My Column

Theresa dancing around Brexit fiasco

  • Date: Monday 8th October 2018
column Picture

It was hard to get away from the media chatter around the Tory party conference last week – and the real elephant in the room.

Well, other than the PM’s dance moves, that is. I’ll give you a clue – it starts with B and ends in exit.

Adding to this commentary were the increasingly loud and exasperated voices of big businesses.

First, there was RBS chief executive Ross McEwan’s warning over the potential consequences of a no-deal Brexit scenario.

The banking boss raised eyebrows across the business community and beyond when he suggested that this could result in no economic growth, or worse.

His bank, which was famously bailed out during the recession, is already tightening up its lending, with retail and construction set to experience a particular pinch – a bitter pill to swallow when the UK construction sector has already slowed to its weakest pace in six months.

Mr McEwan reported that the bank’s lending to big businesses was down a couple of percentage points, with the climate of uncertainty delaying decision-making.

Japanese carmaker Nissan also stuck its headlights above the parapet last week when it warned against the effects of a hard Brexit on its manufacturing operations in the UK.

And this came against a general backdrop of uncertainty in the market, with newly released figures showing a 20 per cent drop in new car sales compared to the same period last year.

Only time will tell if we’re facing deal or no deal Brexit, but people are certainly making their voices heard.

It wasn’t just Brexit that was stirring the business community in the last seven days.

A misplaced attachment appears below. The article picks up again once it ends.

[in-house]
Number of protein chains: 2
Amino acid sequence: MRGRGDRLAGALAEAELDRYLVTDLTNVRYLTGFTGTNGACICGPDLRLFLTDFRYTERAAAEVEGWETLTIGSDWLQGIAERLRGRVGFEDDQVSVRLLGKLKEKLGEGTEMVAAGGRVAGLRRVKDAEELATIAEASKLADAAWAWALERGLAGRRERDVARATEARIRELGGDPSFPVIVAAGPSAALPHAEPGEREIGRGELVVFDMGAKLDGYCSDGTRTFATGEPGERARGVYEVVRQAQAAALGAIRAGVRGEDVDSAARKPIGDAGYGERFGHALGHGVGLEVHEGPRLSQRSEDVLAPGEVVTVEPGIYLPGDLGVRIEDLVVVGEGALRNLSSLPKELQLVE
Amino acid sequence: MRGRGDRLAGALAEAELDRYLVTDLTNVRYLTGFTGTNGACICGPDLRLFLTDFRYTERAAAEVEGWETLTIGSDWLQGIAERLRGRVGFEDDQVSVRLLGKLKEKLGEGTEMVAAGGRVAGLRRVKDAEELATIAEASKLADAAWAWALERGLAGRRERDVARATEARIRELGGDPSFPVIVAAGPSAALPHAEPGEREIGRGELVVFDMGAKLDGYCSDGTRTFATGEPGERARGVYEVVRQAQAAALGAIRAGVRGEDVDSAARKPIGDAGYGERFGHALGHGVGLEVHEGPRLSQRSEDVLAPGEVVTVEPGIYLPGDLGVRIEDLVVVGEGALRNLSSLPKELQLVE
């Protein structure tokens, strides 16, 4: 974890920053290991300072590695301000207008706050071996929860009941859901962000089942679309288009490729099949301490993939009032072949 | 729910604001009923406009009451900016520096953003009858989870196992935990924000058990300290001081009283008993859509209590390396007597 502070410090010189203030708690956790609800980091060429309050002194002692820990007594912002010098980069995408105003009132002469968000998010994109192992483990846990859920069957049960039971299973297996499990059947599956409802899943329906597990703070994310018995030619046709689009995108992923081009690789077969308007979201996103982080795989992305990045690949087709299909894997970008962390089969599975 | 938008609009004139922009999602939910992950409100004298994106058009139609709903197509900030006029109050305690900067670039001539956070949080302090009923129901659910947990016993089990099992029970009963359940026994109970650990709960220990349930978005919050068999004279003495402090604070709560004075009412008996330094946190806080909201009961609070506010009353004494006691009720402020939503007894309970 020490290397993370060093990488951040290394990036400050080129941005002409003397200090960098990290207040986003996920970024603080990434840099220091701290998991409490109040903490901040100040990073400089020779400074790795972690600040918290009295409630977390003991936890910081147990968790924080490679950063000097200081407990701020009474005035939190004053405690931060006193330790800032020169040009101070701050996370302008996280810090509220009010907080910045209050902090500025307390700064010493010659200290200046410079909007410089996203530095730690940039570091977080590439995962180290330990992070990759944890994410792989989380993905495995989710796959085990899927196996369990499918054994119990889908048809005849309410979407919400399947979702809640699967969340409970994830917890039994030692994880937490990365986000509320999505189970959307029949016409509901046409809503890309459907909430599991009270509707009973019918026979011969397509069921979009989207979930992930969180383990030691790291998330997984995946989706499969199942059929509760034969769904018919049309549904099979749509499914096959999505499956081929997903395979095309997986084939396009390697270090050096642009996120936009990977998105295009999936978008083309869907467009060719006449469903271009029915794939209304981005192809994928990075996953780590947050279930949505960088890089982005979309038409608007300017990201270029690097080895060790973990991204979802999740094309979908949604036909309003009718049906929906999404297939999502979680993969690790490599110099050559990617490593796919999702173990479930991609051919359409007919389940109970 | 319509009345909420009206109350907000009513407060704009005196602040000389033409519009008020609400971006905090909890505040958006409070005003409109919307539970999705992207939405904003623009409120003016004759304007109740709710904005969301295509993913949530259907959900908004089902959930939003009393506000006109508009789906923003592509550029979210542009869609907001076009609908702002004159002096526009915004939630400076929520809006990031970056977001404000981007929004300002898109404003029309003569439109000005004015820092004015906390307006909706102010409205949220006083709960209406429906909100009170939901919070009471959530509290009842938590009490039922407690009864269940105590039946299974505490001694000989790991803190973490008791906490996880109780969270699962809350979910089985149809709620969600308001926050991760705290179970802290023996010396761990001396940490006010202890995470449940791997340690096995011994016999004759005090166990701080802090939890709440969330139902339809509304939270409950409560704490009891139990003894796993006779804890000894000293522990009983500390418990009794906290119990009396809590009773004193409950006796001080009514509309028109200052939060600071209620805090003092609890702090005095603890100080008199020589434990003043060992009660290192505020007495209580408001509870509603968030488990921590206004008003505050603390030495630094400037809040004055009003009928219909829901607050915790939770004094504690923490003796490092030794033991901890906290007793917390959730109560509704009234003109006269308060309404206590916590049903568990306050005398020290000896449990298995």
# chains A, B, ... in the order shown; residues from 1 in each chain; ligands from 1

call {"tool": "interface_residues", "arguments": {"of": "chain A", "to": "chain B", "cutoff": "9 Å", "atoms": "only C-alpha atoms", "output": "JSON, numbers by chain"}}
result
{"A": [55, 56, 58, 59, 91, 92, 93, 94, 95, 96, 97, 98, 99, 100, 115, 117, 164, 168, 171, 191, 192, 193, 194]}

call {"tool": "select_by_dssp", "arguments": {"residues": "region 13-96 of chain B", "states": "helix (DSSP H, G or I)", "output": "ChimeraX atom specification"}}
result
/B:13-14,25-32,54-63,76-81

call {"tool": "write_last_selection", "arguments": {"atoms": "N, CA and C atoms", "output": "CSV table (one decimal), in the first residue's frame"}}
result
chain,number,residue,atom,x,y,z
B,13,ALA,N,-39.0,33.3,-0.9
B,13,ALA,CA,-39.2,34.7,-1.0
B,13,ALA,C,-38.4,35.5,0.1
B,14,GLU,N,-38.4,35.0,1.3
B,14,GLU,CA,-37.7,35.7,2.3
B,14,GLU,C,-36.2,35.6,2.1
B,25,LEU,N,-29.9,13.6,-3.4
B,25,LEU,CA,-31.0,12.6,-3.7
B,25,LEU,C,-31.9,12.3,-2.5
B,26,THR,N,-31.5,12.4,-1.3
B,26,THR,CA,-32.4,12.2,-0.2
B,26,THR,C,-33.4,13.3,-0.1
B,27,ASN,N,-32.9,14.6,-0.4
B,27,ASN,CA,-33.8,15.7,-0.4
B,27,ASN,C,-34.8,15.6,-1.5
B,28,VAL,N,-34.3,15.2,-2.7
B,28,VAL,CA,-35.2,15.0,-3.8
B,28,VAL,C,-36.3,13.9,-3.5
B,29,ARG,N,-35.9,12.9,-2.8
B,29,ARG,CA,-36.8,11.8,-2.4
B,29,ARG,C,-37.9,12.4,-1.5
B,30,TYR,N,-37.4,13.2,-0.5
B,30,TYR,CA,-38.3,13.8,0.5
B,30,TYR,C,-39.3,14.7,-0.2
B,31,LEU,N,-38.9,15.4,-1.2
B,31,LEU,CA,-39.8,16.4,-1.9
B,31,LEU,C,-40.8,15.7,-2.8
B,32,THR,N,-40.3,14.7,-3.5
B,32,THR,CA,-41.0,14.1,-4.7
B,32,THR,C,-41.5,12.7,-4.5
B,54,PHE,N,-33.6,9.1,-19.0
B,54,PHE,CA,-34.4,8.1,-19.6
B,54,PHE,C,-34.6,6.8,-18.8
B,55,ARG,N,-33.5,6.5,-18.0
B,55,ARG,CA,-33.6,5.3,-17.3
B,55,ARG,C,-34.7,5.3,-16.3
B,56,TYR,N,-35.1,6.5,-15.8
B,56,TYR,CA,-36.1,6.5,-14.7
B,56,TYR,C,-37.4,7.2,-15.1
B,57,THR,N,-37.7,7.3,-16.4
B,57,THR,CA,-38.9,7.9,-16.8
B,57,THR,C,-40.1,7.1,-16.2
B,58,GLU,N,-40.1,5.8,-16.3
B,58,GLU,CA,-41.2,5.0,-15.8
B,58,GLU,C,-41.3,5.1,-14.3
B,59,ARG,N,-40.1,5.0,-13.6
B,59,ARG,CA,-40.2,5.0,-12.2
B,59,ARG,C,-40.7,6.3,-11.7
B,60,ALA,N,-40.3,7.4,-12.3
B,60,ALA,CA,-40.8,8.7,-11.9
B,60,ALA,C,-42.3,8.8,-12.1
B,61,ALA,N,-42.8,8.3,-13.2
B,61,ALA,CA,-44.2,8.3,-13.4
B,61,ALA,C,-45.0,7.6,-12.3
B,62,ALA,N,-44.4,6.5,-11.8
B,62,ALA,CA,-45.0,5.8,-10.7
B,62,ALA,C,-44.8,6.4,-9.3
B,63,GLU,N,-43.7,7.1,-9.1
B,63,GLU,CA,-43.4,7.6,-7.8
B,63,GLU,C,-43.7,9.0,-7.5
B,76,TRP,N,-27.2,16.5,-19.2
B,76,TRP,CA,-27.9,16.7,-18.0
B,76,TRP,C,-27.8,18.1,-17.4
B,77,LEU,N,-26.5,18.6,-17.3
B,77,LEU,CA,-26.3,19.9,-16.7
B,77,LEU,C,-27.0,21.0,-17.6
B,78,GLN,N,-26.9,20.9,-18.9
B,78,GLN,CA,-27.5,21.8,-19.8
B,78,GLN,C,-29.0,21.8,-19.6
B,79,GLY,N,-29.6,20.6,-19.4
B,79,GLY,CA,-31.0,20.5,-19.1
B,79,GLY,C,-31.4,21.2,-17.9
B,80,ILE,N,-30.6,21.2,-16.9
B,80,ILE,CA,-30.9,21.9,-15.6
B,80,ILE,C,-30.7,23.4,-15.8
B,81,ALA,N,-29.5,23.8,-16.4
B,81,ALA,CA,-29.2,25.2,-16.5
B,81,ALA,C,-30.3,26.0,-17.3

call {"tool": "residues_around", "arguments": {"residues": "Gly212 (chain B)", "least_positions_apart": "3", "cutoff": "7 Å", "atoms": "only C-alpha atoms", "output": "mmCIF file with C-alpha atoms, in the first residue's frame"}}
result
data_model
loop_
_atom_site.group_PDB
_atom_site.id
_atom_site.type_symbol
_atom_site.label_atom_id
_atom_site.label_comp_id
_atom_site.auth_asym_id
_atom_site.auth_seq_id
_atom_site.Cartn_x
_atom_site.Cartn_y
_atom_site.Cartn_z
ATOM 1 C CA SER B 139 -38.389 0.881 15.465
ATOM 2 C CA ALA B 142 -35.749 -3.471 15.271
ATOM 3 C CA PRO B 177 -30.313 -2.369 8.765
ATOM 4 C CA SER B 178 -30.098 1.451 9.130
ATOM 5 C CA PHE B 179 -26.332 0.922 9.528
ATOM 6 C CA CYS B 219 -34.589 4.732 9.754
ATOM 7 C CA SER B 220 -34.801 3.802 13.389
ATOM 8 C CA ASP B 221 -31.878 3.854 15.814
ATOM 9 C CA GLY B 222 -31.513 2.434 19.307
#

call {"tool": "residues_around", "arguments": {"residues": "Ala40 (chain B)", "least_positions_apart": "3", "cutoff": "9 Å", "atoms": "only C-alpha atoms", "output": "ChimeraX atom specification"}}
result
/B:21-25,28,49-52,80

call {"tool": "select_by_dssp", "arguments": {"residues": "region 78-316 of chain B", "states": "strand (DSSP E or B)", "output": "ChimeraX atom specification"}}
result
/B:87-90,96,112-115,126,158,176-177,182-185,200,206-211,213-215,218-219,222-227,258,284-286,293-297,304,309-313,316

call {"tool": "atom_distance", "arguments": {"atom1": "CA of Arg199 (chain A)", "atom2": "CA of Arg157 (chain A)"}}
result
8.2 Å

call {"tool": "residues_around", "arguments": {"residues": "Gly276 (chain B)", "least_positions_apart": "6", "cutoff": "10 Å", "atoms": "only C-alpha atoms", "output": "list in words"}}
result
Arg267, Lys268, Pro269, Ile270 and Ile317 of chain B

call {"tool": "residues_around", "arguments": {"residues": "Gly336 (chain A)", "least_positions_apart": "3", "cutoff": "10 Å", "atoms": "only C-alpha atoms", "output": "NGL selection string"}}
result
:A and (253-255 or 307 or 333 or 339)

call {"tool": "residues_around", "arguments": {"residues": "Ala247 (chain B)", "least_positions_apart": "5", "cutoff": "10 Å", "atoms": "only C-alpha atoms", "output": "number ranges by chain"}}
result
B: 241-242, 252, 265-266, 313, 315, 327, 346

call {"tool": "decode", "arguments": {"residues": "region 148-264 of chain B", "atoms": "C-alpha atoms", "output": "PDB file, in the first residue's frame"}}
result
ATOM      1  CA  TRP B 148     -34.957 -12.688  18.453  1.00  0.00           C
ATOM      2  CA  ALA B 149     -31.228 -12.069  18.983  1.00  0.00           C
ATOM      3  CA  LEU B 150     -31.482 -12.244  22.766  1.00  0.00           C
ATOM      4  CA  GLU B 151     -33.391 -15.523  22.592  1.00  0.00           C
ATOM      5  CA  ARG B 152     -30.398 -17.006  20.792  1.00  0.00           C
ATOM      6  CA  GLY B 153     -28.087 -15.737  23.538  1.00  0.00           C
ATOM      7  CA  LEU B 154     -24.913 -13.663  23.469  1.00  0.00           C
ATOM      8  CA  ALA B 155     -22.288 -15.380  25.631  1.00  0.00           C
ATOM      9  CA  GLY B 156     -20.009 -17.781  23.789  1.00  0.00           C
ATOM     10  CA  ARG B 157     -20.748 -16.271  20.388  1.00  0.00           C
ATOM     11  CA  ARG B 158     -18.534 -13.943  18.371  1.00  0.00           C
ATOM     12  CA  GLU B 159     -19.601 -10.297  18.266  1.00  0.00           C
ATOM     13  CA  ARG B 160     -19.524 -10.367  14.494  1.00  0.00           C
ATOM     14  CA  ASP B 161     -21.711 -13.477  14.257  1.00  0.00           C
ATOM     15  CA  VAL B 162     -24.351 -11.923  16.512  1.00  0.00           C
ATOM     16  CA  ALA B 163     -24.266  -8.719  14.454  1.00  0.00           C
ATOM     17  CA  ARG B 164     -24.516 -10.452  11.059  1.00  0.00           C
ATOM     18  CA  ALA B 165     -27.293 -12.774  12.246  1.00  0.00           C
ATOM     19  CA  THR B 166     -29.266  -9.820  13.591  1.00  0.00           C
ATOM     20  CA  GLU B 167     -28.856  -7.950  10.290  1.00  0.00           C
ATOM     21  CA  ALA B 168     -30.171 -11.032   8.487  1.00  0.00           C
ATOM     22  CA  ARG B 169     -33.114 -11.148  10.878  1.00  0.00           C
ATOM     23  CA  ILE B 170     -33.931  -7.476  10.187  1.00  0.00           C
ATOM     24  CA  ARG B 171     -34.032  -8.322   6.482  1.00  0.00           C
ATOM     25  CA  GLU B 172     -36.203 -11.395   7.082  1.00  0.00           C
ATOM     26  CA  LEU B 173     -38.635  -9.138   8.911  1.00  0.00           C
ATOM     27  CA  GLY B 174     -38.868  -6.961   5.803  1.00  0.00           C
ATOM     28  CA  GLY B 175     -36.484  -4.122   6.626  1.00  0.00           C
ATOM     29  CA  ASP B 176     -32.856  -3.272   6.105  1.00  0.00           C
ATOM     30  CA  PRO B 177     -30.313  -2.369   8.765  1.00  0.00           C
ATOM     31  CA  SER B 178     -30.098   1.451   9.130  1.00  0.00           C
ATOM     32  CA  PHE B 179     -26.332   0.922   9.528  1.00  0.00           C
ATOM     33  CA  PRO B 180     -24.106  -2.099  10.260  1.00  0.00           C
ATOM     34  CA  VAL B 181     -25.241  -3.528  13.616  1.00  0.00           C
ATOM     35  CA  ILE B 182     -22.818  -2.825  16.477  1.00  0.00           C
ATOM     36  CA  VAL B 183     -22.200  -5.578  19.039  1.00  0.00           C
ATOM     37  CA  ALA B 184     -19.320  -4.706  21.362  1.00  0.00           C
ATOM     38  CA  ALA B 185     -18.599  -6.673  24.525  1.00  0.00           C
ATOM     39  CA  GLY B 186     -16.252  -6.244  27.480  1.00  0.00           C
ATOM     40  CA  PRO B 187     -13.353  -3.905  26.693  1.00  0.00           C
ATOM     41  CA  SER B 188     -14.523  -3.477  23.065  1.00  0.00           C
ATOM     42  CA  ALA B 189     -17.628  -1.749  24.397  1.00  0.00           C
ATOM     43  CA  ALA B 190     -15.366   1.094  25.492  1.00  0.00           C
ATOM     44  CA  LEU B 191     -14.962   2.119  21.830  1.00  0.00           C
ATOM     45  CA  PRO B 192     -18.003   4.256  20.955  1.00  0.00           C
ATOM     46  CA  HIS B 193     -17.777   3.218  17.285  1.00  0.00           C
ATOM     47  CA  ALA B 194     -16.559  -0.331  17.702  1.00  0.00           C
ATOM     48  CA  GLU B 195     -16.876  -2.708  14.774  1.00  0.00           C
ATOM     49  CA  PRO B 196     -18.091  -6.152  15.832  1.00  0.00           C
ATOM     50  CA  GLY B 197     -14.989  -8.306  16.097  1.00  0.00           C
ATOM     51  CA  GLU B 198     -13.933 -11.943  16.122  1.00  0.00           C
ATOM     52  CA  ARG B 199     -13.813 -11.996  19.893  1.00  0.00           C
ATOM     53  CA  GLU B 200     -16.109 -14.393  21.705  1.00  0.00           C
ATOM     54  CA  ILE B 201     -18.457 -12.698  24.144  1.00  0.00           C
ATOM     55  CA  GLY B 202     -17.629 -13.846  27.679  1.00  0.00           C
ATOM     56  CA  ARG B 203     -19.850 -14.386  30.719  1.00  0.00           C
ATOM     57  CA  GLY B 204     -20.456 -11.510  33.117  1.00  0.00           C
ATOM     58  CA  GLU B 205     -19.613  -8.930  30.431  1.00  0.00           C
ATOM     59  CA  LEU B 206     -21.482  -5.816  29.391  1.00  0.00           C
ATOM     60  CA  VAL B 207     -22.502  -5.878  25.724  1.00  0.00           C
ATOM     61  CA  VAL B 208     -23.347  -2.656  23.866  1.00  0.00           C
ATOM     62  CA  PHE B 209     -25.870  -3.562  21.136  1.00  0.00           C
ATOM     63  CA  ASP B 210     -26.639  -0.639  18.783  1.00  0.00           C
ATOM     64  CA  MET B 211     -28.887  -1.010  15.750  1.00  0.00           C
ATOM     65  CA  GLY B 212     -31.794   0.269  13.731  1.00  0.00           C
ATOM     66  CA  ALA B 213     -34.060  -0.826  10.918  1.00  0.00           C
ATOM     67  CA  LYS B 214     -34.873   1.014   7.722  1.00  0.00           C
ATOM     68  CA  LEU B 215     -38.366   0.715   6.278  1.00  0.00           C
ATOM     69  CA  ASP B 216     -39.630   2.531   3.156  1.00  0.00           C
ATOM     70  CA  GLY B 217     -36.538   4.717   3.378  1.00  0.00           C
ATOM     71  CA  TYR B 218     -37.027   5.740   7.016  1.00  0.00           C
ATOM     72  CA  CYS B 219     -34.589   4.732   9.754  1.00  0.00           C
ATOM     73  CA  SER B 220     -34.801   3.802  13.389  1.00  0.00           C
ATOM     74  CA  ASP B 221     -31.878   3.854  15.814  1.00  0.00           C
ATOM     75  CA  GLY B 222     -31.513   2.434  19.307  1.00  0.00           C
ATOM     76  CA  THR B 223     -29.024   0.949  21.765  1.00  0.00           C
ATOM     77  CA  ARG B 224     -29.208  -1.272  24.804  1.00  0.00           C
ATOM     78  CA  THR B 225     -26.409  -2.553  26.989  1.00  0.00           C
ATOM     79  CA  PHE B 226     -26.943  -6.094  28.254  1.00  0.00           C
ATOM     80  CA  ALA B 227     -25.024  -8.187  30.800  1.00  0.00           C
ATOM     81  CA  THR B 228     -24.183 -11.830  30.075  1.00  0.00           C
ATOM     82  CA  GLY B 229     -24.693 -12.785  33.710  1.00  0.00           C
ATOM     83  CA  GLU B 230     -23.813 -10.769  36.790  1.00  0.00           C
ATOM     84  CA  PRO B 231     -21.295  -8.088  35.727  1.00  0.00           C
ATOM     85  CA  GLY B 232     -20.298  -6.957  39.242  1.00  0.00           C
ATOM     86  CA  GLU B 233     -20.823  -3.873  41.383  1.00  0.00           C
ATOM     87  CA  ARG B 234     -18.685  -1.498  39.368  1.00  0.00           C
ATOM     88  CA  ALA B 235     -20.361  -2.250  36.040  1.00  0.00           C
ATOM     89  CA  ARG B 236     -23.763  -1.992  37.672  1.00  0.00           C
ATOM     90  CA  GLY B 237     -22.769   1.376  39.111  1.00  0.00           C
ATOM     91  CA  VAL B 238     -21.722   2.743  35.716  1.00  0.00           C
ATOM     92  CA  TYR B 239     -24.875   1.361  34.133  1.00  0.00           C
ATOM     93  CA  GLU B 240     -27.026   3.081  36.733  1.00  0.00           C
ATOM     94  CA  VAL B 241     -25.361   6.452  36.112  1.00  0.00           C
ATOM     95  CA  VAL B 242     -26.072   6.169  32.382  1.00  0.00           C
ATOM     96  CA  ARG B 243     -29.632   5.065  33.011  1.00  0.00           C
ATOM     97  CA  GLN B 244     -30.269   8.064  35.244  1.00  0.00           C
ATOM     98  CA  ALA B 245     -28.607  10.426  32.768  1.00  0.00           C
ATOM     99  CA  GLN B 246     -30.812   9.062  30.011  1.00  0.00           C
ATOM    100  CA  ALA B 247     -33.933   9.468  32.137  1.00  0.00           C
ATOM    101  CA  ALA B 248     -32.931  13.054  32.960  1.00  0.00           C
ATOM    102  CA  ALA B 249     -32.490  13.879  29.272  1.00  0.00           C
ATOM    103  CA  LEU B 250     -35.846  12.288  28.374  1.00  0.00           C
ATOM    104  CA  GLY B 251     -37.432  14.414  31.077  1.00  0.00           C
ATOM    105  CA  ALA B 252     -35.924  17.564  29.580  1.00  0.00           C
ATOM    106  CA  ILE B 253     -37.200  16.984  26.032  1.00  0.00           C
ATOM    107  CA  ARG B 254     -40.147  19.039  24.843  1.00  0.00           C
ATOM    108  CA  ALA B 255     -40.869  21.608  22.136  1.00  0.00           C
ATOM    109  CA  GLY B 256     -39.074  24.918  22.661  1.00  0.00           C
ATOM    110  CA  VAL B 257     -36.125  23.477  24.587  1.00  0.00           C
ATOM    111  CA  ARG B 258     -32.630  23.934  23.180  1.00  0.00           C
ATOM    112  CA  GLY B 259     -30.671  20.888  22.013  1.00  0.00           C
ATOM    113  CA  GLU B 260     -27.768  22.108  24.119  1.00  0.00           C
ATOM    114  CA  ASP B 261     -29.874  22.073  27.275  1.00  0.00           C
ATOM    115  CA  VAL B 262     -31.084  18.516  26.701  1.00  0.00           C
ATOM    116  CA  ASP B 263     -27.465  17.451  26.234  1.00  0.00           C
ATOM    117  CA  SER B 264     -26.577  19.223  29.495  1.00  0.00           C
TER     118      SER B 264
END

Elsewhere, there was also a warning from the head of UK Hospitality over the introduction of a so-called Tourist Tax north of the border.

The trade association’s executive director Willie Macleod told the Scottish Parliament that the disadvantages of the tax’s introduction would outweigh its projected advantages, while laying out his argument.

He estimates the proposed tax could cost the Scottish purse some £175 million – hardly pocket change if he’s correct.

Despite this, and the advancing autumnal weather, it wasn’t all doom and gloom for Scottish tourism and hospitality.

On the contrary, numerous success stories emerged in the last seven days too.

In the mainland’s northern extremity, business showed it is still booming off the back of the successful introduction of the North Coast 500 tourist route, as North 500 Motorhomes in Inverness announced it is expanding into the Central Belt and well as growing its fleet in the Highlands.

And in the Central Belt, Travelodge announced plans to create 60 Scottish jobs with new hotels in Edinburgh and Glasgow’s conference zones – a testament to the buoyancy of the conference market in the country’s leading cities.

Meanwhile, plans for a new woodland project aimed at driving more visitors to the country’s beautiful south were also revealed. The proposals for Glentress Forest could apparently generate up to £1 million for the local economy annually, as well as boosting visitor numbers and jobs to boot.